StrictlyVC: September 23, 2015

Hi, everyone! It’s Wednesday and the last day of Disrupt. If you haven’t been checking it out, you can pore through tons of interesting coverage and conversations here.

We’re on the move and in a rush, but we’ll see you back here tomorrow . . .


Top News in the A.M.

The case against Dropbox.


Arielle Zuckerberg, Zuck’s Youngest Sister, is Joining Kleiner Perkins

Arielle Zuckerberg, the youngest sister of Facebook CEO Mark Zuckerberg, is joining Kleiner Perkins Caufield & Byers next month in a bid by the venture firm to inject youth and diversity into its line-up of partners.

More here.


New Fundings

Atigeo, a 10-year-old, Bellevue, Wa.-based developer of a big data analytics platform, has raised $18.4 million in growth funding from Ascension Ventures, among others. More here.

Blue Jeans Network, a nine-year-old, Mountain View, Ca.-based company that provides cloud-based video conferencing services, has raised $76.5 million in Series E funding led by New Enterprise Associates, with participation from Accel Partners, Battery Ventures, Glynn Capital, Norwest Venture Partners, and Quadrille Capital. Jeter Ventures, a new fund launched by MLB all-star Derek Jeter, also participated. More here.

NoviCap, a 1.5-year-old, London-based marketplace that (interestingly) invites small businesses to sell their invoices to professional investors at a discount in return for working capital, has raised $1.7 million in seed funding from Partech Ventures, Techstars Ventures and Cabiedes & Partners. TechCrunch has more here.

SevOne, a 10-year-old, Boston-based infrastructure software company, is raising as much as $60 million in new funding at a valuation approaching $1 billion, reports VentureWire. According to its report, Westfield Capital Management is now backing the company, along with current investors Bain Capital Ventures, Brookside Capital, Osage Venture Partners and HarbourVest Partners. To date, the company has raised $153.5 million, including a $150 million round announced in 2013.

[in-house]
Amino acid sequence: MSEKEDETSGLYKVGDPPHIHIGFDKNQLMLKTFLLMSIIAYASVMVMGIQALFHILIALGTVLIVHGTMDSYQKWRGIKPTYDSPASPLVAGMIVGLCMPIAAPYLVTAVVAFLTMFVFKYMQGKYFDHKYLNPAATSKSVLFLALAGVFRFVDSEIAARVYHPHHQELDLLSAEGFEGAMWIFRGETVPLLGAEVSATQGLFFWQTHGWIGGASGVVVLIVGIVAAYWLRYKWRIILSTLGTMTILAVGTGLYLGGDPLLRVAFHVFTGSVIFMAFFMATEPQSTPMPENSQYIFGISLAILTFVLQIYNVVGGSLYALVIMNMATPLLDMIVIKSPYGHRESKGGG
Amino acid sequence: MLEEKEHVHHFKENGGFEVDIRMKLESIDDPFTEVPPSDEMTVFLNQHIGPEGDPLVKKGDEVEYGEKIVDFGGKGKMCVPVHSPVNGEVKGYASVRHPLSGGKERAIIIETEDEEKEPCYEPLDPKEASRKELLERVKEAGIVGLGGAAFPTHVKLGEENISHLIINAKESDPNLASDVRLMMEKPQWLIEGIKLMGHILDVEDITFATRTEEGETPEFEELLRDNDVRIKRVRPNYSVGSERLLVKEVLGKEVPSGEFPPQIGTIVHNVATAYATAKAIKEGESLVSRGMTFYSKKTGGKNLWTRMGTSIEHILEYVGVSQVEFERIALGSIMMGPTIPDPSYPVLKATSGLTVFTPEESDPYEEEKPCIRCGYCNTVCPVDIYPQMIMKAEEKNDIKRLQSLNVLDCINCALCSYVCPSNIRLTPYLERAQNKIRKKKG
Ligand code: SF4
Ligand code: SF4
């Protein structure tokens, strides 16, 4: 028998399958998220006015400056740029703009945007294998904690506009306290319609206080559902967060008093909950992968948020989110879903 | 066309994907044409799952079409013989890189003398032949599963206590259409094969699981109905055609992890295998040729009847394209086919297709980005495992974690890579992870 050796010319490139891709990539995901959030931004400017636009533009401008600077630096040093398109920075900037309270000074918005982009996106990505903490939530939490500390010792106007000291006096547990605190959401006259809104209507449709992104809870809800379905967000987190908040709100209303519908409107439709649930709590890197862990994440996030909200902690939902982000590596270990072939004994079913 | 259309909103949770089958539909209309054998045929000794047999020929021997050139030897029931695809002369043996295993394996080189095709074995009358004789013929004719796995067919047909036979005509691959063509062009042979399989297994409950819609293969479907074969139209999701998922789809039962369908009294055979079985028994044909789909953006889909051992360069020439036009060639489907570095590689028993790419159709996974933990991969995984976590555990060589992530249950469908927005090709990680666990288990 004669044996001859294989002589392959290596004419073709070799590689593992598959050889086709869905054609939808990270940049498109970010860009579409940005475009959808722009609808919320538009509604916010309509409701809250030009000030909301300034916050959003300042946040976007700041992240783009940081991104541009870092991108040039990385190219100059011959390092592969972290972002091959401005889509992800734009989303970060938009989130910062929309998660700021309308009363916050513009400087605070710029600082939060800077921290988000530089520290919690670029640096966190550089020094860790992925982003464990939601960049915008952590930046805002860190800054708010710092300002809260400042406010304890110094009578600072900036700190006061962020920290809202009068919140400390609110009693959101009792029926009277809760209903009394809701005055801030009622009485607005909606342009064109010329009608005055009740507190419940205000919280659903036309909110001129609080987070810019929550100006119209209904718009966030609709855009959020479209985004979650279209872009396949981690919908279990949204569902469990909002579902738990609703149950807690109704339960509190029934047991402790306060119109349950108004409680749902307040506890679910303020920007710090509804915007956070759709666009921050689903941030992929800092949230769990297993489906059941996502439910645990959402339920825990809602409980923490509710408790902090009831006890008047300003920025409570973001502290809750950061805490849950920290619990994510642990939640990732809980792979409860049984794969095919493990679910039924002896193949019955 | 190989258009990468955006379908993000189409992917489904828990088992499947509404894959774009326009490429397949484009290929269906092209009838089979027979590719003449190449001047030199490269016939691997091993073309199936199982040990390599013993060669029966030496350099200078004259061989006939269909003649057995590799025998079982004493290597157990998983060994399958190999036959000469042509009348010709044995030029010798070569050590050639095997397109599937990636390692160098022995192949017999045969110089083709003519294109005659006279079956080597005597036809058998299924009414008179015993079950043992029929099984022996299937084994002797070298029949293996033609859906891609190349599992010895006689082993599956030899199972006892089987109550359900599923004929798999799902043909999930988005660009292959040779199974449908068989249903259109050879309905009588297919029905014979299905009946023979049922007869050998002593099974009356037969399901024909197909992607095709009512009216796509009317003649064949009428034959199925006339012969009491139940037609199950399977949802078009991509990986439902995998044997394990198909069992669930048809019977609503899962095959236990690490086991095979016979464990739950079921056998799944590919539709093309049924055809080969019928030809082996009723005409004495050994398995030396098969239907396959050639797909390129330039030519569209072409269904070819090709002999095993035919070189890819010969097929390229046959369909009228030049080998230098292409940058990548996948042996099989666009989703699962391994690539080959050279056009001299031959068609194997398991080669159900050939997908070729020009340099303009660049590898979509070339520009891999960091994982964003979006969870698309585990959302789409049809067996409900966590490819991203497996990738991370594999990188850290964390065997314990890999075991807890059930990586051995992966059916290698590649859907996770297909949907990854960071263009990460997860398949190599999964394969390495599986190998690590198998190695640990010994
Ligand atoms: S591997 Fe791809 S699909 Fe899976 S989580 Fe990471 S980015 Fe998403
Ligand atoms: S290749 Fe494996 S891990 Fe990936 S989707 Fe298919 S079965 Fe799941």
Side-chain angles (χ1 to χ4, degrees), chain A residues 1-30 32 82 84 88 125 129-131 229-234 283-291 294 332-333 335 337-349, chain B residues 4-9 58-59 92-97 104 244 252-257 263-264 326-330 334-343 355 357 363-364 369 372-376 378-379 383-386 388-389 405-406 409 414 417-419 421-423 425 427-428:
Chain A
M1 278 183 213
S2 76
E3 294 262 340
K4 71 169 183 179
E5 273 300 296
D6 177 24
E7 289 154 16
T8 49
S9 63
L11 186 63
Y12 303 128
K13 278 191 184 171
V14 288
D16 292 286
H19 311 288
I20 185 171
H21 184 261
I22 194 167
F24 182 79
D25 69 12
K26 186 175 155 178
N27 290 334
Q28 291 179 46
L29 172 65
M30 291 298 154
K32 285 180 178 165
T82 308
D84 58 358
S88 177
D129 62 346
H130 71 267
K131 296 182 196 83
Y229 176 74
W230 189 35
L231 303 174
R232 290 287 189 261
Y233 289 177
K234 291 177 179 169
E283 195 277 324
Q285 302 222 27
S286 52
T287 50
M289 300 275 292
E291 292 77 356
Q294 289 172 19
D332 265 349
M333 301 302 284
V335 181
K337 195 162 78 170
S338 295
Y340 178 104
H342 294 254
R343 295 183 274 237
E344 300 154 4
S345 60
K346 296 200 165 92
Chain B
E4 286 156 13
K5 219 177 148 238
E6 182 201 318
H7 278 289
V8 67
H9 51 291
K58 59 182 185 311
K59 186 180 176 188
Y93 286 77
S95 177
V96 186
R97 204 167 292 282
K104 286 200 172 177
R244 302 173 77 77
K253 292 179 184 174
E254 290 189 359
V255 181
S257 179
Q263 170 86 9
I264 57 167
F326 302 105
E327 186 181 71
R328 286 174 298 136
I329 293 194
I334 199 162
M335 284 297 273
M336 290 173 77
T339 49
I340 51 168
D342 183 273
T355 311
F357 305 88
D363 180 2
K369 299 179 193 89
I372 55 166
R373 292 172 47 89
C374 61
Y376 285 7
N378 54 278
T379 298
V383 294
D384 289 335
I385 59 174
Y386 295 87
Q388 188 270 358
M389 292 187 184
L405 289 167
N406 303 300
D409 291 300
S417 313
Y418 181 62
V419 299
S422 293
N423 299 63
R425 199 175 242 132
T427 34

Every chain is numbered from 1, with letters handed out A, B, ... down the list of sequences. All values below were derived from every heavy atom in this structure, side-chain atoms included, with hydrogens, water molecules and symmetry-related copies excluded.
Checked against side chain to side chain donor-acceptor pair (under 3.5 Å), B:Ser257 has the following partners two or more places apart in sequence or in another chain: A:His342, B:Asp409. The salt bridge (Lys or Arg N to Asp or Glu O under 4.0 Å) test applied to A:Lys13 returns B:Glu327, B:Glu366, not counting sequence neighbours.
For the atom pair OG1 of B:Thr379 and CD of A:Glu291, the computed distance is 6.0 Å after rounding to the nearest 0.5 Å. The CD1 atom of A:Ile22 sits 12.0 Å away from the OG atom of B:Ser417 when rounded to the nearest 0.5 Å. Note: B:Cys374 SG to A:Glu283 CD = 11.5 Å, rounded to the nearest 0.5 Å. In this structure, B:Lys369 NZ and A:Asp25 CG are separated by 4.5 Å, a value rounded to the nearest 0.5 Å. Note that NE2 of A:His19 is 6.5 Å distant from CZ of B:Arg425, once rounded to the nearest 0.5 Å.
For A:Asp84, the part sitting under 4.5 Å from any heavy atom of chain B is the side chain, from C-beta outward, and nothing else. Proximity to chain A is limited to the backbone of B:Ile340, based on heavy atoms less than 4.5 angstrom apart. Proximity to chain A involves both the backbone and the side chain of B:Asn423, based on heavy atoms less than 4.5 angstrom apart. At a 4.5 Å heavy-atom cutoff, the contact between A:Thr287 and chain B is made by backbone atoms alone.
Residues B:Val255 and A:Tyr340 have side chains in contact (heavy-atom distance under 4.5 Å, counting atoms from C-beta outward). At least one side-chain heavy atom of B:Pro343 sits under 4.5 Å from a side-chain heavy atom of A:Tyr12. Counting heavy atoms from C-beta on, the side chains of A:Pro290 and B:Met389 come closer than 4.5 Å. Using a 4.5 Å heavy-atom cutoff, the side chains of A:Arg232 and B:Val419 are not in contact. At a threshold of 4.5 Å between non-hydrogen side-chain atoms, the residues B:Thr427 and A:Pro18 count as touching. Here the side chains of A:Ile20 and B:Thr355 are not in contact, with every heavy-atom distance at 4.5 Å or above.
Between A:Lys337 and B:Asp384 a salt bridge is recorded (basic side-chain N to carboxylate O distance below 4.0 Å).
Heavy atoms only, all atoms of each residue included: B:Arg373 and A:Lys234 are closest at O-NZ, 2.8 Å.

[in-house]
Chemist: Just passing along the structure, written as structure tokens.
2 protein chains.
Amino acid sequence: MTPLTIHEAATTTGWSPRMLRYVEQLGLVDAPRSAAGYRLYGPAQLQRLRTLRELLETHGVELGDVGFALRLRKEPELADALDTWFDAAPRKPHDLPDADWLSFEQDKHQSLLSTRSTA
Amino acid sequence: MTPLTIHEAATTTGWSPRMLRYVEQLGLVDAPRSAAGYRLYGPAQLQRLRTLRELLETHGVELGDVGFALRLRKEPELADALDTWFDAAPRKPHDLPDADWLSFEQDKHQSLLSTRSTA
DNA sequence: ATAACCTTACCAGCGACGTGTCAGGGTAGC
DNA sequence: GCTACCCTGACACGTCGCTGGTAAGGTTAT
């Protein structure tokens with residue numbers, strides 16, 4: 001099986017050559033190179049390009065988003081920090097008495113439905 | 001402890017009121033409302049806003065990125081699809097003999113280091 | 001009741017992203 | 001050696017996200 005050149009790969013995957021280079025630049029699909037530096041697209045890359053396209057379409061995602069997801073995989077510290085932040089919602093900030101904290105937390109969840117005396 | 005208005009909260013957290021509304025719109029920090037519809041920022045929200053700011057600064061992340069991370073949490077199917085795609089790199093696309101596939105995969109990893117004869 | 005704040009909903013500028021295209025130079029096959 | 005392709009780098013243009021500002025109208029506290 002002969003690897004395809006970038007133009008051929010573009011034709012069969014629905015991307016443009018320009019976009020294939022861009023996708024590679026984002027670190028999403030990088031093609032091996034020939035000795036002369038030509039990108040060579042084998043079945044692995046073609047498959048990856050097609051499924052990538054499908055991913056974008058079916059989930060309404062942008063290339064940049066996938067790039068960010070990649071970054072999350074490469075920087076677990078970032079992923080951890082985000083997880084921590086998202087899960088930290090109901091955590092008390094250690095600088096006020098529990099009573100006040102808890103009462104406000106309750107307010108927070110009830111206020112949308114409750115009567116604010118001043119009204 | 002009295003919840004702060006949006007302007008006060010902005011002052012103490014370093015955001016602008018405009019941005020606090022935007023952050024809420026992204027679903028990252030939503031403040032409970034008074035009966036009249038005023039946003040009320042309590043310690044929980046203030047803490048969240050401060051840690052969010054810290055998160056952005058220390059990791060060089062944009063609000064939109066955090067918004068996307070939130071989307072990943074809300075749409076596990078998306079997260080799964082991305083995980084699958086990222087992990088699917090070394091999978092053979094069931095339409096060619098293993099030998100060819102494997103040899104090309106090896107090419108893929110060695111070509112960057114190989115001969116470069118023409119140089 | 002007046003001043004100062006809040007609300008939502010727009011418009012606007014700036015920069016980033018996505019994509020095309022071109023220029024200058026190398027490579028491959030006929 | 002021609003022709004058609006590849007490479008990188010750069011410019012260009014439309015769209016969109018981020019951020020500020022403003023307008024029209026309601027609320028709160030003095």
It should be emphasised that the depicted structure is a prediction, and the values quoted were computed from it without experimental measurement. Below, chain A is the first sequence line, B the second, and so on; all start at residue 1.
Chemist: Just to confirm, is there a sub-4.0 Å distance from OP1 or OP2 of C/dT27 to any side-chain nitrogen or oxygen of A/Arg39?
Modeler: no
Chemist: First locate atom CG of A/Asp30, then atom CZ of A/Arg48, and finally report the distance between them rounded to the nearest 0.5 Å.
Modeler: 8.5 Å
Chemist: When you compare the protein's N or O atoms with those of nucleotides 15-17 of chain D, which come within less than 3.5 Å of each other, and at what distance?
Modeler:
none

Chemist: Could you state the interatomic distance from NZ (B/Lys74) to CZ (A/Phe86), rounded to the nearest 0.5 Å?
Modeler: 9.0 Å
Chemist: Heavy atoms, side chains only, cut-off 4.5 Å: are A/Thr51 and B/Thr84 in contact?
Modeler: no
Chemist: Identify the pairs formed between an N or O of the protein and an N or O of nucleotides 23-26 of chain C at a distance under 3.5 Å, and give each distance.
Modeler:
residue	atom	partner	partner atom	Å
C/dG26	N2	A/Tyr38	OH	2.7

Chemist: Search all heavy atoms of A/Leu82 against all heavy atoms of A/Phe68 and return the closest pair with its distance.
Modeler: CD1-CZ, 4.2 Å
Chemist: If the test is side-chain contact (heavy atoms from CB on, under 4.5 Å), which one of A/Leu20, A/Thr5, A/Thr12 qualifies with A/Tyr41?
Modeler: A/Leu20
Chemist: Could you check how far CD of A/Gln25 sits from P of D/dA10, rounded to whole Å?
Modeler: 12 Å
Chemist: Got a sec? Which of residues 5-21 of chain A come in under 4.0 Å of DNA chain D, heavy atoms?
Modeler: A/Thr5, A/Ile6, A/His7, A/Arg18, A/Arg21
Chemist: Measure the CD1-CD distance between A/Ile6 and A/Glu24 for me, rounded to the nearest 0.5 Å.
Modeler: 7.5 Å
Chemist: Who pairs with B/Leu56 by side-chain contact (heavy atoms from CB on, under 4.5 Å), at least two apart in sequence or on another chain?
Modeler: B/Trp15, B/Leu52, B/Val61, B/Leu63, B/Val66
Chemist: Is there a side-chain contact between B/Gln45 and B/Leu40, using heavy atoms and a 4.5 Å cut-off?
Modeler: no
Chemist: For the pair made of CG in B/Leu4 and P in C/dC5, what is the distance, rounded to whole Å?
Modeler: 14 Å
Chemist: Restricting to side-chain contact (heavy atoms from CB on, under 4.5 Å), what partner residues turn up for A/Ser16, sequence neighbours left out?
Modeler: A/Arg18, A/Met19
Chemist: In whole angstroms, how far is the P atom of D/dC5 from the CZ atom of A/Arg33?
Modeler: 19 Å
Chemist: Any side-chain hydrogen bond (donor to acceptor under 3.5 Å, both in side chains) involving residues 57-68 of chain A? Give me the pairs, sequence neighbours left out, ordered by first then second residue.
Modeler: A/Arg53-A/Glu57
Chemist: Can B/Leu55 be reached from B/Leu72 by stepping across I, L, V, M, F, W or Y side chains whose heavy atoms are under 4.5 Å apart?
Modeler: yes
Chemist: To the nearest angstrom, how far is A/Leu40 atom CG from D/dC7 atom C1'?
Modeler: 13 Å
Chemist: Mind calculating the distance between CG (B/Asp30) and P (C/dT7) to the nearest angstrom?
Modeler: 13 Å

New Funds

Ignite Farm, a Walnut Creek, Ca.-bsaed venture firm that targets consumer packaged goods and digital media opportunities, is looking to raise $50 million for its second fund, shows an SEC filing first flagged by Fortune. Ignite had targeted $10 million for its debut fund last year, raising $2.3 million toward that end as of May 2014.



Quirky, a 6.5-year-old, New York-based company that produced new consumer products by pairing its online global community with its product design staff, filed for bankruptcy yesterday. The company had raised $185 million from investors, including Andreessen Horowitz, Kleiner Perkins Caufield & Byers, General Electric, Norwest Ventures Partners, RRE VenturesLowercase Capital, and Village Ventures. More on the story here.



On stage at TechCrunch Disrupt yesterday, John Doerr opted not to attempt to pronounce the names of two new junior employees — Muzzammil Zaveri and Swati Mylavarapu, who were hired to invest out of the firm’s latest early-stage fund.  He said instead, “We have two new partners who are so diverse that I have a challenge pronouncing their names.” After being called out on Twitter for the gaffe (as noted one VC, “diversity is not a marketing ornament”), Doerr apologized in a tweet, saying “It was an unfortunate joke that was not funny. I have deep respect for my partners Swati and Muzzammil.”

Investor-entrepreneur Reid Hoffman kicked off his “Blitzscaling” course at Stanford yesterday and according to one of our sources who was there, “people climbed in through the windows” to get into the classroom.

Akash Garg, Twitter’s senior director of engineering, growth, and international team, announced yesterday on Twitter that he’s heading to Uber to lead its mobile and web platform teams. More here.


Essential Reads

A new technique that finds all known human viruses in your blood.

Instagram says it has hit 400 million users, just nine months after reaching 300 million users.

Uber just shook up the Bay Area real estate market with a massive deal to take over a former, 330,000-square-foot Sears in Oakland.



Stephen Colbert’s lifestyle brand. Because he’s a celebrity.

Wherever you go, your personal cloud of microbes follows.

RIP, Yogi Berra.


Retail Therapy

six-pack of tablets.

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